Human Uniqueness from the Perspective of Evolutionary Anthropology and Cognitive Science

Michael Pleyer

Abstract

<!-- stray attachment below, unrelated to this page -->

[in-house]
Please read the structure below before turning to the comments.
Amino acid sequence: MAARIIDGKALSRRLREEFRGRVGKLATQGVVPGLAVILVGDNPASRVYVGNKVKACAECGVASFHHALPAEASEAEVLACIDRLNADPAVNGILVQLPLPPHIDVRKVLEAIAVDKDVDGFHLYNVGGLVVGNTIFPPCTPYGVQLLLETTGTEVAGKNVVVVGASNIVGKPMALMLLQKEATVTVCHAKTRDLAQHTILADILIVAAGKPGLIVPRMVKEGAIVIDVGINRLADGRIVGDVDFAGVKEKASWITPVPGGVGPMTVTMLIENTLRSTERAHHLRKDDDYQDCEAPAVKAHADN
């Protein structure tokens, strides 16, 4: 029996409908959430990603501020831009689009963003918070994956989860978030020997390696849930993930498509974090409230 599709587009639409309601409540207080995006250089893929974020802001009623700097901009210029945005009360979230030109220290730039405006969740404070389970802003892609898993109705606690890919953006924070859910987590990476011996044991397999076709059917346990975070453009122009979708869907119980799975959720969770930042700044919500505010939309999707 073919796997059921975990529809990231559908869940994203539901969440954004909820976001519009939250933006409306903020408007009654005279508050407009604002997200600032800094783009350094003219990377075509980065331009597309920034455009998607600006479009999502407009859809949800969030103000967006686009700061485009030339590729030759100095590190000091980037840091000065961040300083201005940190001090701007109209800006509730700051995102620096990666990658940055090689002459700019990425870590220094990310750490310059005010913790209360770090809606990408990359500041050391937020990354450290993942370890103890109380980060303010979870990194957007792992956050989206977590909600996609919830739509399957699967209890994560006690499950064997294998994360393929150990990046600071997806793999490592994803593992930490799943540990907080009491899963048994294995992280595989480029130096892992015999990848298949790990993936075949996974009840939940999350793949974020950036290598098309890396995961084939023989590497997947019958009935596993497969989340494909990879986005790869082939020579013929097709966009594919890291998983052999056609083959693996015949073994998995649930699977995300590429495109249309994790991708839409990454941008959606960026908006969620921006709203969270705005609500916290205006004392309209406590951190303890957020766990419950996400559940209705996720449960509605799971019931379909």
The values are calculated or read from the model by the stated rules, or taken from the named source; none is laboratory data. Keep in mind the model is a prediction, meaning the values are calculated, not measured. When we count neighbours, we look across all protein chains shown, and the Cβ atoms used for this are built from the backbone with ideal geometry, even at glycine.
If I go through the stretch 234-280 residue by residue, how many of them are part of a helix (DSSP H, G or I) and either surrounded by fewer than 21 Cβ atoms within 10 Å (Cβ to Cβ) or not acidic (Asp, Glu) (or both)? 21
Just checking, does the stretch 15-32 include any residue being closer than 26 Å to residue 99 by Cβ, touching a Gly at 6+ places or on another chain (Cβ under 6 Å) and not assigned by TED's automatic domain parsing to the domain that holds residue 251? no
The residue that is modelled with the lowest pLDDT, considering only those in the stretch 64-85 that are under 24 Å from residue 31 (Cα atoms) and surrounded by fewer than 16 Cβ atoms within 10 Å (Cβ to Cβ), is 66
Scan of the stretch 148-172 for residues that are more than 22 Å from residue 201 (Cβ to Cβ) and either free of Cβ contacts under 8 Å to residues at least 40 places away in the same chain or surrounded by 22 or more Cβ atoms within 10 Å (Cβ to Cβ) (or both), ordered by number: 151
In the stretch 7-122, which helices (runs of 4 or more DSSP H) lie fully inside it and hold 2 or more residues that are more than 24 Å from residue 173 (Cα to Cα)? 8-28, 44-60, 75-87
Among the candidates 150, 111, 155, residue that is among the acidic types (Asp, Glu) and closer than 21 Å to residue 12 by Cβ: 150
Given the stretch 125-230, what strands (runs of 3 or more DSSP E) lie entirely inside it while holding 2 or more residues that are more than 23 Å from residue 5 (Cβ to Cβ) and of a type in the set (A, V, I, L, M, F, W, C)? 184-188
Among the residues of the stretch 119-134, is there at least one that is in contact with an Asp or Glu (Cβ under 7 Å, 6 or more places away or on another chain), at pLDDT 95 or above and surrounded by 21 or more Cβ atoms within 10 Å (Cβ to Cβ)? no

In this paper I explore the question of what is unique and special about modern humans (homo sapiens) from the perspective of evolutionary anthropology and cognitive science. I frst give a brief overview of the evolution of the human brain. Then I discuss six candidates for what makes human cognition unique: (1) the ability to adopt a shared perspective (2) symbolic, analogical reasoning (3) a Theory of Mind (4) the creation of a symbolic 'niche' with shared cultural artefacts and norms (5) mental time travel (6) language. Most importantly, a comparison of the sociocognitive capacities and motivations of humans and other primates indicates that humans might possess a unique adaptation for cultural interaction, transmission and learning. This is already evident in infants and young children, who show unique abilities and motivations in the domain of sharing intentions, understanding joint commitments, and sharing attention and other psychological states.

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